The efforts and gains made so far in cutting down on greenhouse gas emissions seems to be threatened by the growing amount of electricity that Bitcoin mining consumes, this is according to one academic.
Dr. Jon Truby, the director of the Center for Law and Development at Qatar University noted that Bitcoin was developed with no thought given to its environmental impact and thus it ‘threatens our existence’. Truby as such calls for intervention towards preventing similar blockchain technologies from being developed.
Truby believes that Bitcoin and other cryptocurrencies cannot just be erased and hence it is essential for future models of their original technology to use environment-friendly designs.
“The problem will only worsen. The higher the value of Bitcoin, the greater the incentive to mine, and new digital currencies will be developed with similar carbonized models…” wrote Truby. “However, as the underlying technology can offer significant benefits, it is here to stay, so future models must be designed without reliance on energy consumption so disproportionate to their economic or social benefits.”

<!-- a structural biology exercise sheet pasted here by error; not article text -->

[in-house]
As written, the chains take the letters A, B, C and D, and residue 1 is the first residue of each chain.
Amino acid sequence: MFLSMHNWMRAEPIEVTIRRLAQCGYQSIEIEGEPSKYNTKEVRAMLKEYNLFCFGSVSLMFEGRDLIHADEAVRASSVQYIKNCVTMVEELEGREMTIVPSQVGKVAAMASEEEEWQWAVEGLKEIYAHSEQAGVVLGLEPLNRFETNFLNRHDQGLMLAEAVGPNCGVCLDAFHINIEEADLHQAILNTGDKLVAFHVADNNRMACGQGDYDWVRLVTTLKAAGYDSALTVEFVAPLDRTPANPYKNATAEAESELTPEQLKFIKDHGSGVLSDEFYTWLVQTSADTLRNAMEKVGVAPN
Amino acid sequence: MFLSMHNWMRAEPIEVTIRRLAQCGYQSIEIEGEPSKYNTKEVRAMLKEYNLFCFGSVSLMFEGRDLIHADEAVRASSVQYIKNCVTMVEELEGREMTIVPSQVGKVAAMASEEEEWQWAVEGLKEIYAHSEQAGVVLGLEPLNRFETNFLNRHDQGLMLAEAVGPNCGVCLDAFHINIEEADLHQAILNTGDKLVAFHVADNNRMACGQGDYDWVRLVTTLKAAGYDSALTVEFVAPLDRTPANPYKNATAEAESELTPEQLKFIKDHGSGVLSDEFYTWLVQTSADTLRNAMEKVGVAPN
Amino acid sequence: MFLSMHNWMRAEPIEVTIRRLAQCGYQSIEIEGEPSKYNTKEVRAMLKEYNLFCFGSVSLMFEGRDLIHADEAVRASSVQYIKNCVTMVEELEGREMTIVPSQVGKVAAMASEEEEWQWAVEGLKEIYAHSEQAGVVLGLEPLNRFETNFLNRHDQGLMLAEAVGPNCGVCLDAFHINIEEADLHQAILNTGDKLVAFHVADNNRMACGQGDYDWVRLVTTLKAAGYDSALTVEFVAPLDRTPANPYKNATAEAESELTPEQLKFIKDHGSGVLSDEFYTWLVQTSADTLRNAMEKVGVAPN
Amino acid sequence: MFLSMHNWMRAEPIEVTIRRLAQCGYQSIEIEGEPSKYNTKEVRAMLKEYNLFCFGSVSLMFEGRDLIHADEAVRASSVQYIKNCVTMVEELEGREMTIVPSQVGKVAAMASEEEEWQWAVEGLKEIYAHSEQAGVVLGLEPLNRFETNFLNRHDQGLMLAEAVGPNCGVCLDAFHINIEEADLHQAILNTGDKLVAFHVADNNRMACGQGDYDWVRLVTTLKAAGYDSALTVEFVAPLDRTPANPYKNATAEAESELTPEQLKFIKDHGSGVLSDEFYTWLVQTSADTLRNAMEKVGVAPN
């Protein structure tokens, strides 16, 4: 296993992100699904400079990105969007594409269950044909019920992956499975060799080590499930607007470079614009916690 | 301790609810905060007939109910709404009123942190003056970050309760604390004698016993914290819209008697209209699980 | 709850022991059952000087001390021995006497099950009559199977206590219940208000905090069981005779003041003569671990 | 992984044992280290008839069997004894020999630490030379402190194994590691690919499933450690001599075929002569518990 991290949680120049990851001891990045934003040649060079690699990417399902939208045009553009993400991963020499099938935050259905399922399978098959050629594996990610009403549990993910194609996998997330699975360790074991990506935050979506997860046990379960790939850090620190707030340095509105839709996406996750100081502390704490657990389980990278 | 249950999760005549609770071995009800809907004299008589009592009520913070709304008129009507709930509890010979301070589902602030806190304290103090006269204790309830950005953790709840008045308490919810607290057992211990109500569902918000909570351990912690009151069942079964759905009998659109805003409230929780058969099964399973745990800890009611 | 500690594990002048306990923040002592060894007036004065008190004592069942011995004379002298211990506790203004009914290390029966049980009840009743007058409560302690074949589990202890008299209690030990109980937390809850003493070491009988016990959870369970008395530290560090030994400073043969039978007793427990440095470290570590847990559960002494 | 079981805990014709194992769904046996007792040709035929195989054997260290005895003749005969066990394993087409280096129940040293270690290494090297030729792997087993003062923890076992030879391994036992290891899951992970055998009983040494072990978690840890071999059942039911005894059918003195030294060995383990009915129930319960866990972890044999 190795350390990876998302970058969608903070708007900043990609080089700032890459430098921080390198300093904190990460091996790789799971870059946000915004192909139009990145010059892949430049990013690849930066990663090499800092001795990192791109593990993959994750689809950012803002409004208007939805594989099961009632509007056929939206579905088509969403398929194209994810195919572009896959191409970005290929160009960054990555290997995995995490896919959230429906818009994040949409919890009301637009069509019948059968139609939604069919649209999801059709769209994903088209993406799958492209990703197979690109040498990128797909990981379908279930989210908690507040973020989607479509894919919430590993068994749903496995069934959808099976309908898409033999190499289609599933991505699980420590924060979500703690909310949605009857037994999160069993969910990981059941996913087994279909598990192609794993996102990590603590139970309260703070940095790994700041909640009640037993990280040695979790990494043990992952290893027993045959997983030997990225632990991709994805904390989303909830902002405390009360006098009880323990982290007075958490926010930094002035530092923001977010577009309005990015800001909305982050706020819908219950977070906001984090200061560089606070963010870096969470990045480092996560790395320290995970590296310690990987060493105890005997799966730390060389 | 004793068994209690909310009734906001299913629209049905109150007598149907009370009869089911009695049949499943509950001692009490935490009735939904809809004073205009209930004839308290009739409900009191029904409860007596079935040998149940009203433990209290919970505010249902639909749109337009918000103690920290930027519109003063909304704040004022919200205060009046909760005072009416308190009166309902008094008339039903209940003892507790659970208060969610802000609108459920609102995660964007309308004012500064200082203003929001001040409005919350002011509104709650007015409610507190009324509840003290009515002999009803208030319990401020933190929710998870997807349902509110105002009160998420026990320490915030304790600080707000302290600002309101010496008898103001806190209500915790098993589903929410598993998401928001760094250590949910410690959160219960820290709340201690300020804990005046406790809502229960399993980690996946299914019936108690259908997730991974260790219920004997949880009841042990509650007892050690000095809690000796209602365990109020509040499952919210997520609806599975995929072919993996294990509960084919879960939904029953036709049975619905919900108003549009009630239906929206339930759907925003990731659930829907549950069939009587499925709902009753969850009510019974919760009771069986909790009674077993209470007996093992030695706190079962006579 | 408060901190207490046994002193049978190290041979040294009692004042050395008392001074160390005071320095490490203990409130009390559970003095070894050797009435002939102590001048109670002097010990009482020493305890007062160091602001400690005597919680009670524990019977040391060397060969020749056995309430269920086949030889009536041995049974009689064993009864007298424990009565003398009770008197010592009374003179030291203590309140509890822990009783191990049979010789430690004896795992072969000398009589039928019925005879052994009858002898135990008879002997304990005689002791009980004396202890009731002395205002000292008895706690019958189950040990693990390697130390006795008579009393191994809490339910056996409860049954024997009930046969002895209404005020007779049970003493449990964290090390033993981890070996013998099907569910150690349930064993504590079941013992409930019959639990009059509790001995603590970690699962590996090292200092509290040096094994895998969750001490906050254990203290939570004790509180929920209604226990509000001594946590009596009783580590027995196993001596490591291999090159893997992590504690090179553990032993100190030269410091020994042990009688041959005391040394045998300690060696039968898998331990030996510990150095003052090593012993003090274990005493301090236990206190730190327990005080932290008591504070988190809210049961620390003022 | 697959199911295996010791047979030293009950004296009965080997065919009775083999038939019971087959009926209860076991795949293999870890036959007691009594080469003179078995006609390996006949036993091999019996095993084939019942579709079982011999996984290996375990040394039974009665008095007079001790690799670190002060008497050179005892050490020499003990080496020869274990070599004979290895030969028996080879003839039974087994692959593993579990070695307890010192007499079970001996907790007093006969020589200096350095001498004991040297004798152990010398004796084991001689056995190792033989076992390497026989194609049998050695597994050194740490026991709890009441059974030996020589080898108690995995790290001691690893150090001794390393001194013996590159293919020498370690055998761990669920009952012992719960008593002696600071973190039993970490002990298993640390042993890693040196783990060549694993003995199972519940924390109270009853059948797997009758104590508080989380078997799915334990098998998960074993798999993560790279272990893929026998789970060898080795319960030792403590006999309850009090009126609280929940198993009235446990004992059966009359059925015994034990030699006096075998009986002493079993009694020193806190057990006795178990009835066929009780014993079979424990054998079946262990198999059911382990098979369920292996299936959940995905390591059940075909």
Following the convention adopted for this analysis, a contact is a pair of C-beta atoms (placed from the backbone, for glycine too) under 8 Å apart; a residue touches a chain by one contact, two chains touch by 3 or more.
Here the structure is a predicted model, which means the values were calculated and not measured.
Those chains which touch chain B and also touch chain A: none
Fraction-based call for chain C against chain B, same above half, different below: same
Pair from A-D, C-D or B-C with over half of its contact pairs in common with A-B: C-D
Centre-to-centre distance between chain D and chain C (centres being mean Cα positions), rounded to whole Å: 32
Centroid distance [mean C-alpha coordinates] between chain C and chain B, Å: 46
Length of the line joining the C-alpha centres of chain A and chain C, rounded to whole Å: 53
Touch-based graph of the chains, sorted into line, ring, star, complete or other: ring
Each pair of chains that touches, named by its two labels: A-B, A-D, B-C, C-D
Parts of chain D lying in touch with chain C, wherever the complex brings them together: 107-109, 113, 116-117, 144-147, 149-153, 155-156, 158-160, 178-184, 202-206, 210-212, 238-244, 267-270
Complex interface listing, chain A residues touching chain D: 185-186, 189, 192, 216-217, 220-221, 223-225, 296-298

The suggestions he made urging towards blockchain technologies that are more environmentally-friendly were made in a paper Truby authored titled “Decarbonizing Bitcoin: Law and policy choices for reducing the energy consumption of Blockchain technologies and digital currencies.”
In the paper, Truby proposes the introduction of regulations which stop developers from creating blockchain technologies that surpass a certain amount of carbon emissions per gigahash. In addition to using regulations to incentivize the usage of less energy intensive blockchain systems, Truby also suggested the use of alternative fiscal tools such as academic research funds, government grants or creating a business friendly safe space for developers of environment-friendly blockchain solutions.
Truby also proposed the introduction of policies geared towards limiting the type of devices used in Bitcoin mining. This could include taxes such as value-added taxes being imposed on less-efficient Bitcoin mining systems.
“The goal of any intervention focused upon the machinery would be to indirectly impact upon the behavior of developers, motivating them to amend the model of existing and particularly future systems towards a less polluting and more sustainable transaction verification model,” argues Truby. “It could also motivate manufacturers of such devices to produce low energy versions.”